How to read Zendesk data in SSIS with REST API


UPDATE: ZappySys has released a brand new API Connector for Zendesk Online which makes it much simpler to Read/Write Zendesk Data in SSIS compared to the steps listed in this article. You can still use steps from this article but if you are new to API or want to avoid learning curve with API then use newer approach.

Please visit this page to see all Pre-Configured ready to use API connectors which you can use in SSIS API Source / SSIS API Destination OR API ODBC Driver (for non-SSIS Apps such as Excel, Power BI, Informatica).

Zendesk is one the most popular customer service platforms available in the market today. Zendesk offers REST API so you can interact with their cloud based service programmatically (manage or read data). The problem is not every one is programmer and not everyone has time to learn how to write C# or JAVA code to access REST API.

In this article you will learn how to get Zendesk data using SSIS JSON Source (REST API Connector). This connector allows you to Read Zendesk data in SSIS using REST API Calls without any scripting/programming. Techniques mentioned in this article can be also used to consume data from other services (e.g. read data from twitter). In this article you will see step by step instructions to read zendesk ticket information and load into on-premises SQL Server.

Also check our another article regarding How to Call Zendesk REST API to create new ticket

Different methods for Zendesk REST API Access

Zendesk allows you to access three different ways so you can access their data.

  1. REST API access using OAuth Access Token
  2. REST API access using API Token
  3. REST API access using Basic Authentication (Use userid (e.g. email) and password)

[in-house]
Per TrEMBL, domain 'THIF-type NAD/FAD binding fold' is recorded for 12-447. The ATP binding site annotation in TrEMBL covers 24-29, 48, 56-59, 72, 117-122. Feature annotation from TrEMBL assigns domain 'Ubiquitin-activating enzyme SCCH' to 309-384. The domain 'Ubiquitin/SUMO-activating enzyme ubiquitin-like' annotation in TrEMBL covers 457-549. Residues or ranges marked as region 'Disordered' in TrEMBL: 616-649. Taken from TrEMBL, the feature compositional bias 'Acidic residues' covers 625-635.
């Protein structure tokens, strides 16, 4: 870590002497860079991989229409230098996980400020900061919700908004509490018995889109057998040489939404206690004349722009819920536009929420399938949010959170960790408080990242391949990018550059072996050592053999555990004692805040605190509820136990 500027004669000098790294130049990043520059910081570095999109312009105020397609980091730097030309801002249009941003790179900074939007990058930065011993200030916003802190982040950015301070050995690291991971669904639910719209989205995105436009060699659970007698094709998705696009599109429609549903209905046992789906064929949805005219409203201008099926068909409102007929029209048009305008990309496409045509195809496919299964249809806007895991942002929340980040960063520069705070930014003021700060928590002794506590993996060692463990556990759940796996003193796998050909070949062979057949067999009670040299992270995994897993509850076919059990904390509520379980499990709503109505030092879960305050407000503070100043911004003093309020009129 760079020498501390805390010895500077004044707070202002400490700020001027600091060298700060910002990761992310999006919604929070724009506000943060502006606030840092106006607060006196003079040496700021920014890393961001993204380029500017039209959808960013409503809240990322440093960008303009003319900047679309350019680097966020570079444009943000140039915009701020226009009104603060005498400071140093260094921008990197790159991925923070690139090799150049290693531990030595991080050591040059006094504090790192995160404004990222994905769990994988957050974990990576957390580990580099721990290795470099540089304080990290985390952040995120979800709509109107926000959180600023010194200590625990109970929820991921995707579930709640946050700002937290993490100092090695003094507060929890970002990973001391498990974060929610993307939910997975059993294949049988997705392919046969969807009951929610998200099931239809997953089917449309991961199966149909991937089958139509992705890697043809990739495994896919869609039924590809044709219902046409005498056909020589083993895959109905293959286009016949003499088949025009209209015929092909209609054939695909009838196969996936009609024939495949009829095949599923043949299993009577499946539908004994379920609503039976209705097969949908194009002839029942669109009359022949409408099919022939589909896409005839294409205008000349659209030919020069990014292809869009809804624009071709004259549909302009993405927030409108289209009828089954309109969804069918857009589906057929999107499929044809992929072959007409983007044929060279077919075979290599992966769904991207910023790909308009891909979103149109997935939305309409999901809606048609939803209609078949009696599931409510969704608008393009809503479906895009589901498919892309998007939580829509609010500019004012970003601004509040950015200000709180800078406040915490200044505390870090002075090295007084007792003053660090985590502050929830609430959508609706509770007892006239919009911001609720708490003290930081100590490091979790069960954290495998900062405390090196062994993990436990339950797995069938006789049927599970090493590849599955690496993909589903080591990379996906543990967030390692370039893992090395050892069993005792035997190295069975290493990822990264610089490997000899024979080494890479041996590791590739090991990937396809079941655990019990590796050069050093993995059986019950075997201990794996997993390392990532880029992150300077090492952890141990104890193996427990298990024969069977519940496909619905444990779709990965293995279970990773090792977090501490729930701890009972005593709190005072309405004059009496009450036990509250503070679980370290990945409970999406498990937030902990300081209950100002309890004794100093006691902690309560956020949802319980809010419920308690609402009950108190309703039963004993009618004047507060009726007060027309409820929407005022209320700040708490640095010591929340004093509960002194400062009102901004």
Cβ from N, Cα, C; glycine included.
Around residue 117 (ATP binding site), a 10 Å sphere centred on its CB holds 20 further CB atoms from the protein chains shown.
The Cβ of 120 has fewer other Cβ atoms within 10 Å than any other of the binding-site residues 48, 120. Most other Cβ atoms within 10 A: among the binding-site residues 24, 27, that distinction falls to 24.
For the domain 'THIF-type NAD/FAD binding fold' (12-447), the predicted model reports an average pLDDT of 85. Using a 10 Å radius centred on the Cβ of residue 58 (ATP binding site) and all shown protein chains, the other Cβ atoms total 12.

Each method has pros and cons. Simplest method is third method which is easy to use but requires to pass your account password along with each call. Second method is also easy to use but requires additional step to create access token. First method is most secure but it has few extra steps compared to other methods.


Before you can finish tasks explained in this article you have to finish below steps. This article assumes you have basic knowledge of SSIS (SQL Server Integration Services)

  1. Make sure you have SSIS designer installed. Sometimes its referred as BIDS or SSDT (Get from here)
  2. Download SSIS PowerPack (FREE Trial – 30 days).
  3. Optional – Another very useful Free tool is Fiddler. You can use it to see raw request/response (Check this article)

Method-1: Zendesk API Access using OAuth in SSIS

To read about OAuth Method click here

Method-2: Zendesk API Access using Token in SSIS

Now let’s look at seconds method to access Zendesk data using SSIS.

Create Token in Zendesk Portal for REST API Access

  1. Login to your account https://{{your-subdomain}} and then click on setting icon
  2. On the next page click on API link
  3. On API page scroll to API Access Tokens section. Make sure Token Access method is checked.
  4. Click on add new token hyper link. once prompted give some name to your token (this is just label)
  5. Once above steps done token should be created and listed under your API Access page. This token will be used as your password to access REST API (Will show in the next section)
Create new Zendesk REST API Access Token

Create new Zendesk REST API Access Token

For more information check this link >>>  How to generate token for ZenDesk API Call


Configure SSIS HTTP Connection

Perform the following steps to extract data from zendesk and load into SQL Server. Below steps assume that you are using API Token method (#2 from supported methods to call ZenDesk API). This is better than using Userid and Password.

  1. Open new SSIS Project
  2. First of All, Drag and drop Data Flow Task from SSIS Toolbox and double click it to edit.

    Dragging and dropping Data Flow Task into Control Flow

  3. From the SSIS toolbox drag and drop ZS JSON Source on the data flow designer surface and double click on it to edit.
    Drag and Drop JSON Source Component

    Drag and Drop JSON Source Component

  4. From AccessMode drop down select [Url From Connection]
  5. Assume you want to extract all tickets from zendesk then enter following URL (in screenshot we appened ?page=1 which is optional)